How we tackled images for responsive web design

Culture · May 4, 2017

Browsing the web on the go is something that we are all familiar with, and this is no exception for Telus customers and users of our website. Around 66% of our traffic is currently accessing our site through mobile browsers on their phones and other devices. Having a website that is optimised for mobile and doesn’t eat a huge chunk of our users’ data plan is crucial.

As you all know, images are crucial in how we consume the web. Typically a website will serve up the same image for any device but will resize that image to the dimensions required for your rendered layout. The problem with this however, is that regardless of what size the image you wish to see on your device, the browser still has to download the largest image size. This means that if you are trying to handle retina quality images for the largest desktop layout, you will end up serving this huge image, and a huge amount of data to a little iPhone 5 that has a 320px maximum width. For instance, a large retina image could be close to a megabyte, so you can imagine a site with ten of those images could easily eat into your 3GB data plan.

Responsive design, is the ability to have a single website that adapts for any screen, whether it is a mobile, tablet or desktop. We do this in a number of ways and using CSS media queries to detect the width of your browser, which serves up the relevant styles for your viewport. 

Having a single website that is intelligent enough to behave appropriately for every device, is crucial when people expect a seamless experience through any means available. has been responsive for the last three and a half years. However, there is one thing that has taken the web development community longer to answer, and that is images.


Responsive images also allow us to handle cases where serving up a larger image is desired. For instance, devices and screens, such as HD or  4K TV screens that may be browsing the website can support and display larger and higher resolution images. With responsive image technology we are able to display these images so that you get sharp crystal clear resolution.

So what is the answer then? We started looking into available solutions a year ago. There are now native html tags that can be used that support media queries. This means we can serve up the appropriate image size for the appropriate device, without downloading the retina image every time. These tags, the element and attribute are supported in all modern browsers (essentially from IE11 forwards and it’s peers). For older browsers, there are polyfills that do the trick (essentially javascript code that emulates the correct browser behaviour), such as Picturefill.

Here’s a code snippet for those who are web dev savvy: You can see that we have several source tags that get swapped out by the browser depending on the viewport width, using media queries much like in css. It also has the “2x” declarations so we can specify individual retina display images for screens with high resolutions.

For those less technical, what you see below is the code the renders a responsive image. The “picture” element you see that encloses the code is part of the new technology that tells the browser this is a responsive image. The source tags, are also part of this new spec and these contain the details of what path and filename to display for each particular device. If your device has a screen width of 320px and is not retina then we display the mobile image (which is shown on line 7, and if it is retina we display the regular desktop image which is larger and higher quality.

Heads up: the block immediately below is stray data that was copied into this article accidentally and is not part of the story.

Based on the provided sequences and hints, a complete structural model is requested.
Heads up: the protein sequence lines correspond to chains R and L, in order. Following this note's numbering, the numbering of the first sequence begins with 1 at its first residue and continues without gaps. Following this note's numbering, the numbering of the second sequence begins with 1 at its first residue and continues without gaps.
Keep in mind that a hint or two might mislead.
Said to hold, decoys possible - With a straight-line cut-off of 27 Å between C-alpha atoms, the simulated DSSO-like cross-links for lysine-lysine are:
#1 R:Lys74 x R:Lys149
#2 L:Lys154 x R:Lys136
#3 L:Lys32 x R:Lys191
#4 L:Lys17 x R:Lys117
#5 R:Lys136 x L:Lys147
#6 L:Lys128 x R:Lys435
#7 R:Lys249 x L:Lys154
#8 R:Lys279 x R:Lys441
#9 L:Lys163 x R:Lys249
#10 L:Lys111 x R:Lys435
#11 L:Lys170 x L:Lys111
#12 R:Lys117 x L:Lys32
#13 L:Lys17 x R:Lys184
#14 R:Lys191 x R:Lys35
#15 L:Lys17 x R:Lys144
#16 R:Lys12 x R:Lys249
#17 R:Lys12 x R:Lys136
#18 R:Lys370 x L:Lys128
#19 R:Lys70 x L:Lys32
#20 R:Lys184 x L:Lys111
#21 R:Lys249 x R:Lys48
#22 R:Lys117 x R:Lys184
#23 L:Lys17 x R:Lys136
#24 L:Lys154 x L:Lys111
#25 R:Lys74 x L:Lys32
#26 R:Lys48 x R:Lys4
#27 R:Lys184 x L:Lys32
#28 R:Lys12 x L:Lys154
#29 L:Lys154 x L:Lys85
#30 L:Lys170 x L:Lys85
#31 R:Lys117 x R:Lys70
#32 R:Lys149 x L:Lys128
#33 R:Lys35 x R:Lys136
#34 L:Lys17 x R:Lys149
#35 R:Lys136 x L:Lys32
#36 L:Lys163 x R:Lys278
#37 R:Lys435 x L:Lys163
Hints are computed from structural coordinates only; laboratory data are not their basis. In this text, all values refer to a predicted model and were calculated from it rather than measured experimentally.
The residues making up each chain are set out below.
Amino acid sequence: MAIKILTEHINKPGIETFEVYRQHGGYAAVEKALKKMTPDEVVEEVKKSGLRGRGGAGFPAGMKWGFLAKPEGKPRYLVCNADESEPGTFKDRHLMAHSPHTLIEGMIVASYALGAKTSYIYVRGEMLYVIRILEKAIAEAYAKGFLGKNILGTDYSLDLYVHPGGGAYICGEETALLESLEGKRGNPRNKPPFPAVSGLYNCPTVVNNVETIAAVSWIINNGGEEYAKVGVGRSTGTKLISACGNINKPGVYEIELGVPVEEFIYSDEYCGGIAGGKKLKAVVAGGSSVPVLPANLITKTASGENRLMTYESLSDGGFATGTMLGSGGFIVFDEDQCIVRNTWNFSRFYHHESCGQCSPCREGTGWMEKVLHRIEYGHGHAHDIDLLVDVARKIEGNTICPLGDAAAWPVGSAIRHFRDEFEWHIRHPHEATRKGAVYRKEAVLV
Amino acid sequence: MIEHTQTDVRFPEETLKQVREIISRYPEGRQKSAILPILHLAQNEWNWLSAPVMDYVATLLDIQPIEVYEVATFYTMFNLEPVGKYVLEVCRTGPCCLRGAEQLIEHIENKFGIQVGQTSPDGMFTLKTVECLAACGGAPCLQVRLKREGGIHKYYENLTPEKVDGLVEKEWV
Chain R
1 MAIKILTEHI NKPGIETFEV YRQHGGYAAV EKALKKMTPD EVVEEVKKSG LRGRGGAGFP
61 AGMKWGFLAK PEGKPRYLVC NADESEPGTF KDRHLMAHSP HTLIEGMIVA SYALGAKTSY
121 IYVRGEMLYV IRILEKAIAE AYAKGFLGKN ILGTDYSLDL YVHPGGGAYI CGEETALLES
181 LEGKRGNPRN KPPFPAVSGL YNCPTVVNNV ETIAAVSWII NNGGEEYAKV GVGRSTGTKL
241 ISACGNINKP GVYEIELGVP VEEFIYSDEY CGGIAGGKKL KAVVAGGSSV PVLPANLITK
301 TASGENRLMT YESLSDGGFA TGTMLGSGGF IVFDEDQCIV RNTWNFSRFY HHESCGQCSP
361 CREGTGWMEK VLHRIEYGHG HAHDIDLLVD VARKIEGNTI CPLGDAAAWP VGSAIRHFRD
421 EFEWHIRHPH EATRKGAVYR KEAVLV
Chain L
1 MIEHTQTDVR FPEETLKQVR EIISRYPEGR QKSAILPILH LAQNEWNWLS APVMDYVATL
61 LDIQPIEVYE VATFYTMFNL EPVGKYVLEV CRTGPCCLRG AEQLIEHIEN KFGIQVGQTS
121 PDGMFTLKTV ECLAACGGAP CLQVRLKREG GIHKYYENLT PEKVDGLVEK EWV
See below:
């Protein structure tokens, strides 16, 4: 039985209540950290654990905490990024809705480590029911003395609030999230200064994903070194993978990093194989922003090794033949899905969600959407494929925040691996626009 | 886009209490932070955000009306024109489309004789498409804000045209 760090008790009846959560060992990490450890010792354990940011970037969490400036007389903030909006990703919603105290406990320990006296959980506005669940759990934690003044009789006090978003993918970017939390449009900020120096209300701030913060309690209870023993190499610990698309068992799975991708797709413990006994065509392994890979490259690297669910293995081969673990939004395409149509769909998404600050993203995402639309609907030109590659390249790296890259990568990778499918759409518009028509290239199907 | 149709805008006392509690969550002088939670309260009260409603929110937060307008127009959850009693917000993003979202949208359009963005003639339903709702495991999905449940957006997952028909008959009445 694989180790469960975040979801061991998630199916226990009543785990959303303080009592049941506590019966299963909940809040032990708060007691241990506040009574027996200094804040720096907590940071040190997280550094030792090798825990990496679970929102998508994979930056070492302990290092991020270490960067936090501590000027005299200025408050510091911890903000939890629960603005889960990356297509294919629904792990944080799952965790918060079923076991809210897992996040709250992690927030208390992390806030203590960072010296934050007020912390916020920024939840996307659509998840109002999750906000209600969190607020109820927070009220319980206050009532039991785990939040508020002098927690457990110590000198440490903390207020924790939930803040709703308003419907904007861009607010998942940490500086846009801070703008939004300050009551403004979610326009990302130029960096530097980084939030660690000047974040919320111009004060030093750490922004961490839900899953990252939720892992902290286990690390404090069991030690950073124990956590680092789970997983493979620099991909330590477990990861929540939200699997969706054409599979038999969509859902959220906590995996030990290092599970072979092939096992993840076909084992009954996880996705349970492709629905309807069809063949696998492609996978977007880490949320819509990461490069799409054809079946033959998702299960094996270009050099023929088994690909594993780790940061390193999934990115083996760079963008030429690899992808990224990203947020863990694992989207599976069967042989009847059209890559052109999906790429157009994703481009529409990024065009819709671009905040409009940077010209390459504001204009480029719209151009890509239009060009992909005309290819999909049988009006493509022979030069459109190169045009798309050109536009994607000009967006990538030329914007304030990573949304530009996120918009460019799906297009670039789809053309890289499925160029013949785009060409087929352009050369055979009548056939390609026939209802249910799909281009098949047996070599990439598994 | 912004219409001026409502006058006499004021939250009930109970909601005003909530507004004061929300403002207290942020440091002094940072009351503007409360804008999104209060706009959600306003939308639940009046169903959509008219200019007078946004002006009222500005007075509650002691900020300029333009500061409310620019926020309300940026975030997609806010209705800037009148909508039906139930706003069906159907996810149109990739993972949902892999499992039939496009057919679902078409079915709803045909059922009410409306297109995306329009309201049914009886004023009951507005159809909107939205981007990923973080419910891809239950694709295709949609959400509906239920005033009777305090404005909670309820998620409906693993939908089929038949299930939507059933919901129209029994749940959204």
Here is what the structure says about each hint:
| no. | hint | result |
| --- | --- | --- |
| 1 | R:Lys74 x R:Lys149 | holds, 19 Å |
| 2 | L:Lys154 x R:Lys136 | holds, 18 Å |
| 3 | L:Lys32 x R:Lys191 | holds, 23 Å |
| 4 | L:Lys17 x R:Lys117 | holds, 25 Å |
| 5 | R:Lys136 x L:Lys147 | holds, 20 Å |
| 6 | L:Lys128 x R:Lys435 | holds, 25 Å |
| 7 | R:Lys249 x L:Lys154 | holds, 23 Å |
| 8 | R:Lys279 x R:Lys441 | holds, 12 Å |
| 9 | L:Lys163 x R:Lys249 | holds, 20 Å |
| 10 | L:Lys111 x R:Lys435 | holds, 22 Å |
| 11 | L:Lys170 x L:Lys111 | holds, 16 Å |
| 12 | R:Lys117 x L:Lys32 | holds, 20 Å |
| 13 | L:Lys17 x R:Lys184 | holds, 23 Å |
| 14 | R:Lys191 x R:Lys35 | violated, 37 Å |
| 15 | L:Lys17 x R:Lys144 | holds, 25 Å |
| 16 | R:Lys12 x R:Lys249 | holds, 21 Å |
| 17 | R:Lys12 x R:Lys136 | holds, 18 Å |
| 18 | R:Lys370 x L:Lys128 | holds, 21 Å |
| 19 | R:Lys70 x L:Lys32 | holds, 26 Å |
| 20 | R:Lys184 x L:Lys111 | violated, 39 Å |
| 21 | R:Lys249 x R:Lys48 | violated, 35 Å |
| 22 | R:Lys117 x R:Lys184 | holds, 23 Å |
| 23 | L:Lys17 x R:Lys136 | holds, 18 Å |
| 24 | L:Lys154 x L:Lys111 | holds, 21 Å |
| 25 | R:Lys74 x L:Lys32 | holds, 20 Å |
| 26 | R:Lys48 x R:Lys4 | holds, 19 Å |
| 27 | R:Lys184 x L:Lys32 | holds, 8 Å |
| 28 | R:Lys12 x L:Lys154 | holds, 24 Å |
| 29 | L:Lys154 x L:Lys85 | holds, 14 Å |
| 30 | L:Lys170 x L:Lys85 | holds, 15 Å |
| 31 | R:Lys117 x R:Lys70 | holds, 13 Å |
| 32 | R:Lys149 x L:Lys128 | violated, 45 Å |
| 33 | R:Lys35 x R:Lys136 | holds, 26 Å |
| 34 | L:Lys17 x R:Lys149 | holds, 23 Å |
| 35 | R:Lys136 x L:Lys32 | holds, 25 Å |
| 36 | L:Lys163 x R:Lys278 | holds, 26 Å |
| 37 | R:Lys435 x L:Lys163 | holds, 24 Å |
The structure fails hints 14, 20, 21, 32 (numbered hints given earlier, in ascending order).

So that brought us one step closer to a solution. There was still work to be done however. In order to start using this technology we needed to adapt our processes as there are lots of considerations in how we generate the necessary different image sizes, and then how we deal with the technology side. So, during a code jam, we developed the following: 

  • Sass mixins (these are functions that output css - our page styles, and take in variables)

  • Grunt image resize tasks (grunt is a technology we use to compile our code, and with a grunt task we are able to automate image resizing and image optimisation)

  • An adapted deployment build process - we needed to build responsive images into the deployment process which is getting code compiled, and ready to be deployed into production (the live site)

  • Responsive image angular directives (we use angular in some places which is a javascript platform and so we wrote code that renders responsive images for angular as well)

  • Twig templates (Twig is a PHP templating platform that manages our front end code and we built specific templates or include to handle responsive images, which the code snippet above is part of)

The last piece of that is a built-in image resize tool in our image manager that stores a lot of our images. With all of these tools in place, we are in a great position to give our customers the best browsing experience, regardless of what device you are on. And… we are gradually moving our website across to a new stack that will support all of these tools as part of our ongoing innovation.

Authored by:
Mike Bunce
Mike Bunce
Senior Developer Analyst